There is little doubt that the CIA and Mossad have given aid to MEK – but how much is subject to debate. Mrs. Rajavi has been travelling the world meeting with various actual and potential sponsors.

        • Mark, neither the US Government in general nor the CIA in particular are supporting the MEK. The MEK has no platform within the Iranian government that would result in hard intelligence, and they have demonstrated a feckless approach that the CIA is certainly avoiding. The MEK has nothing of value to offer the US, and we are keeping them at arm’s length. The CIA is not aiding them.

          That the pro-Israeli community in the US employs the likes of Rudy Giuliani to flog their case on behalf of the MEK is irrelevant. The US Government does not take its marching orders from Rudy Giuliani. The fact is, regardless what Israel and its supporters may do, the US does not employ the MEK as an instrument of its Iran policy, either overtly or covertly.

    • Every square meter of Iran has been repeatedly inspected by CIA drones, USAF and CIA high altitude aircraft and US military and CIA satellites, all with extremely sophisticated and sensitive instruments, as well as Israeli and CIA operatives on the ground and NONE have found any trace of any “secret” Iranian nuclear program. In reality every gram of nuclear material in Iran is FULLY CONTROLLED by the IAEA.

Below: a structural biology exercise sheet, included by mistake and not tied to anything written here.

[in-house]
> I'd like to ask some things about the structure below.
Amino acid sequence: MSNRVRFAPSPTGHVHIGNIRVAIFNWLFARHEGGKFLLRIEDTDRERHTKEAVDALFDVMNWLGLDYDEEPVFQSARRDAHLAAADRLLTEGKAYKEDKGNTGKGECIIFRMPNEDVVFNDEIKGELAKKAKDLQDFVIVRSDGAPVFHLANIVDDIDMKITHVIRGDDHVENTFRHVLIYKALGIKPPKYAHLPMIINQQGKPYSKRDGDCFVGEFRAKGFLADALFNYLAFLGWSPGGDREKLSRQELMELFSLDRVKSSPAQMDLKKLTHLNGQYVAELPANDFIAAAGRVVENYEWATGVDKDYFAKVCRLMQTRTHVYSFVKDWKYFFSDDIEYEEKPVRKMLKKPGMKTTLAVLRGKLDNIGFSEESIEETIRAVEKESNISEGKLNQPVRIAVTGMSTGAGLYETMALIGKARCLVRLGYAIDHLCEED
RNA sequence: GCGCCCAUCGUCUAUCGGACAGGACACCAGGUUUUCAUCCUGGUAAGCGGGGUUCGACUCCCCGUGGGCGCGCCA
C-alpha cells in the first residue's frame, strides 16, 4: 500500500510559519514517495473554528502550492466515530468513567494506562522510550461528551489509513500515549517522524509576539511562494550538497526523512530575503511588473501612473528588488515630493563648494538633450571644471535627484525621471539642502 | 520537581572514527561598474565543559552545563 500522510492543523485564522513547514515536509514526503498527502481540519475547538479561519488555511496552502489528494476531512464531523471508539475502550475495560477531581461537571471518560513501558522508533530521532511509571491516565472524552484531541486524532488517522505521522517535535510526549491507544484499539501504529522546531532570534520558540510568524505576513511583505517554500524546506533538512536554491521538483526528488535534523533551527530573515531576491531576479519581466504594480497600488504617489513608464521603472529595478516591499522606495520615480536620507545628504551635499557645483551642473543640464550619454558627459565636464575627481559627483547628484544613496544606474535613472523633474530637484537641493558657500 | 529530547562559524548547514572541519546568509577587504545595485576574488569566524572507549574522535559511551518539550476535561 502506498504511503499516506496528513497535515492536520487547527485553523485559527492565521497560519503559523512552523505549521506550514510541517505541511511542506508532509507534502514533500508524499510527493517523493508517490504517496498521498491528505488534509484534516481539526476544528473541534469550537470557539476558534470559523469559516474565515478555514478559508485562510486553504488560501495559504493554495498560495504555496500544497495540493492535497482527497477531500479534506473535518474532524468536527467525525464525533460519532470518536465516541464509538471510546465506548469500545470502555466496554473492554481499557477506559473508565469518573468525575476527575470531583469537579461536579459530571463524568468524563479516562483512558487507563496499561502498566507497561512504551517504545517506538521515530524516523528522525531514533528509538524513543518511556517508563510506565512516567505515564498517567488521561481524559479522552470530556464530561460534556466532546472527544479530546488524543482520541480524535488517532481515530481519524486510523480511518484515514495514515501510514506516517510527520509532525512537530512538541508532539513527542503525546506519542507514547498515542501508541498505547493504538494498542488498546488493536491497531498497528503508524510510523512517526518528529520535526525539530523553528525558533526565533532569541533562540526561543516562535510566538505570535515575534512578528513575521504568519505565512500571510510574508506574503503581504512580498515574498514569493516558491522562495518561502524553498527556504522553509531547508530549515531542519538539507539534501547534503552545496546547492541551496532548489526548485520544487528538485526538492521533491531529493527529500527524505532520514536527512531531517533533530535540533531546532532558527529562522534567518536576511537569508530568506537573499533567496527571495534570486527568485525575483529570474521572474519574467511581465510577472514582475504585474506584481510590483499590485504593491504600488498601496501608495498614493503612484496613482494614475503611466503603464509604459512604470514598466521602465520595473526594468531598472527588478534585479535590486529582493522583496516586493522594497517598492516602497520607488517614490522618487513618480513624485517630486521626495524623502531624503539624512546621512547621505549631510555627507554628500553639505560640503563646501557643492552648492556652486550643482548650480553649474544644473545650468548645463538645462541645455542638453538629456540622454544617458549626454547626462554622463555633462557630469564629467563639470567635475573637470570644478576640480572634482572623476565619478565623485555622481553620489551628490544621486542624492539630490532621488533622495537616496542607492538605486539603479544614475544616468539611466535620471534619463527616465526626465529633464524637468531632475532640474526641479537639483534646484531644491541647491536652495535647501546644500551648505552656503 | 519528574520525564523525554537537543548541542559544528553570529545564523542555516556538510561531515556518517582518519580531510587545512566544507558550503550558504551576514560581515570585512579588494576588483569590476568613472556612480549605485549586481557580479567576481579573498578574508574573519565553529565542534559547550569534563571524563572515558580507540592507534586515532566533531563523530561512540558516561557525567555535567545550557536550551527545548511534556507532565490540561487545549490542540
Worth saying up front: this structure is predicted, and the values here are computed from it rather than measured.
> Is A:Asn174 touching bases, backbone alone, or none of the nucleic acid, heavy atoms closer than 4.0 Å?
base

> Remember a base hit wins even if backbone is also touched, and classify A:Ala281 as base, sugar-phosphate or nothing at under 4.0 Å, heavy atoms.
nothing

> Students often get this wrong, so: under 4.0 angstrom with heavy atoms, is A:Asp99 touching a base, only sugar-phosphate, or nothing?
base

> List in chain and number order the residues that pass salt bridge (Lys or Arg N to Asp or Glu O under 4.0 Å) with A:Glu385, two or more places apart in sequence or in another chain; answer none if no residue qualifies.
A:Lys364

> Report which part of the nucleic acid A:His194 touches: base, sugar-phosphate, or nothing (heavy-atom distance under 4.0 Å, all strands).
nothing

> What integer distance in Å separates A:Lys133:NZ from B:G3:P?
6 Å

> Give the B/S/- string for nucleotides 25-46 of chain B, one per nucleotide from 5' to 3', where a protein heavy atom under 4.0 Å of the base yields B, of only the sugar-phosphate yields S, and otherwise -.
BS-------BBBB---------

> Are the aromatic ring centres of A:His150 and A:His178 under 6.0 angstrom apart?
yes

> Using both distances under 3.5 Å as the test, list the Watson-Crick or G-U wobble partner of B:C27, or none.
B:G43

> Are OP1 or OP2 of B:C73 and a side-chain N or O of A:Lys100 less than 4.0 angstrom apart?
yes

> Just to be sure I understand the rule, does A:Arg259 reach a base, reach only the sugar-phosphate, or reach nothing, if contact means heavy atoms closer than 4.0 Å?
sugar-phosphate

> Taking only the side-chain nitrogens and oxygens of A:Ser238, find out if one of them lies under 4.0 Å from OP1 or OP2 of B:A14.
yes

This is their frustration. Reality does not support their irrational delusions.

      BTW – that same spying also confirms that Iran is armed to the teeth for a US/Israeli attack and that any attack would be extremely deadly for the attacker. This is why no one in the US or Israeli military wants any attack on Iran, they know they will suffer an extremely bloody defeat.

      The only people delusional enough to want an attack on Iran are a few US and Israeli politicians.

      • Sorry, Spyguy, but CIA drones and high altitutde aircraft have no way of penetrating underground facilities, and the CIA does not have “operatives on the ground” capable of infiltrating the Iranian nuclear program. That’s why we are pushing for IAEA inspections.

        • Actually bill, all nuclear facilities emit tell-tale traces. Even if they are underground, the location will be well known and when any material goes in or out there will be traces that an be detected.

          The real problem is all the real world evidence does not support their irrational fears, just as all the evidence did not support all the irrational fears about Iraq.

          The bottom line is every time the US or Israel gives the IAEA “hard evidence” it always turns out to be FALSE.

          The IAEA inspectors have full access to ALL the Iranian nuclear sites, ALL (do you understand ALL?) and there is no evidence (zero, zip, nada) that there are any unreported nuclear sites.

          All of this is well documented by the IAEA.

  16. A response to Prof. Juan Cole: Top Ten Ways Iran and US could avoid a Catastrophic War:

    1. US should respect the Principle VI and VII of the Geneva Convention, to which it is a signatory and refrain not only from violence and aggressive policies towards the Iranian nation but also from threat of violence.

    2. In order to give unfettered access to IAEA inspectors, including defense installations, the US and Israel should allow Iran to inspect it’s nuclear facility. It also should remove ALL it’s military forces from the Greater Middle East, including neighbors of neighboring country of Iran.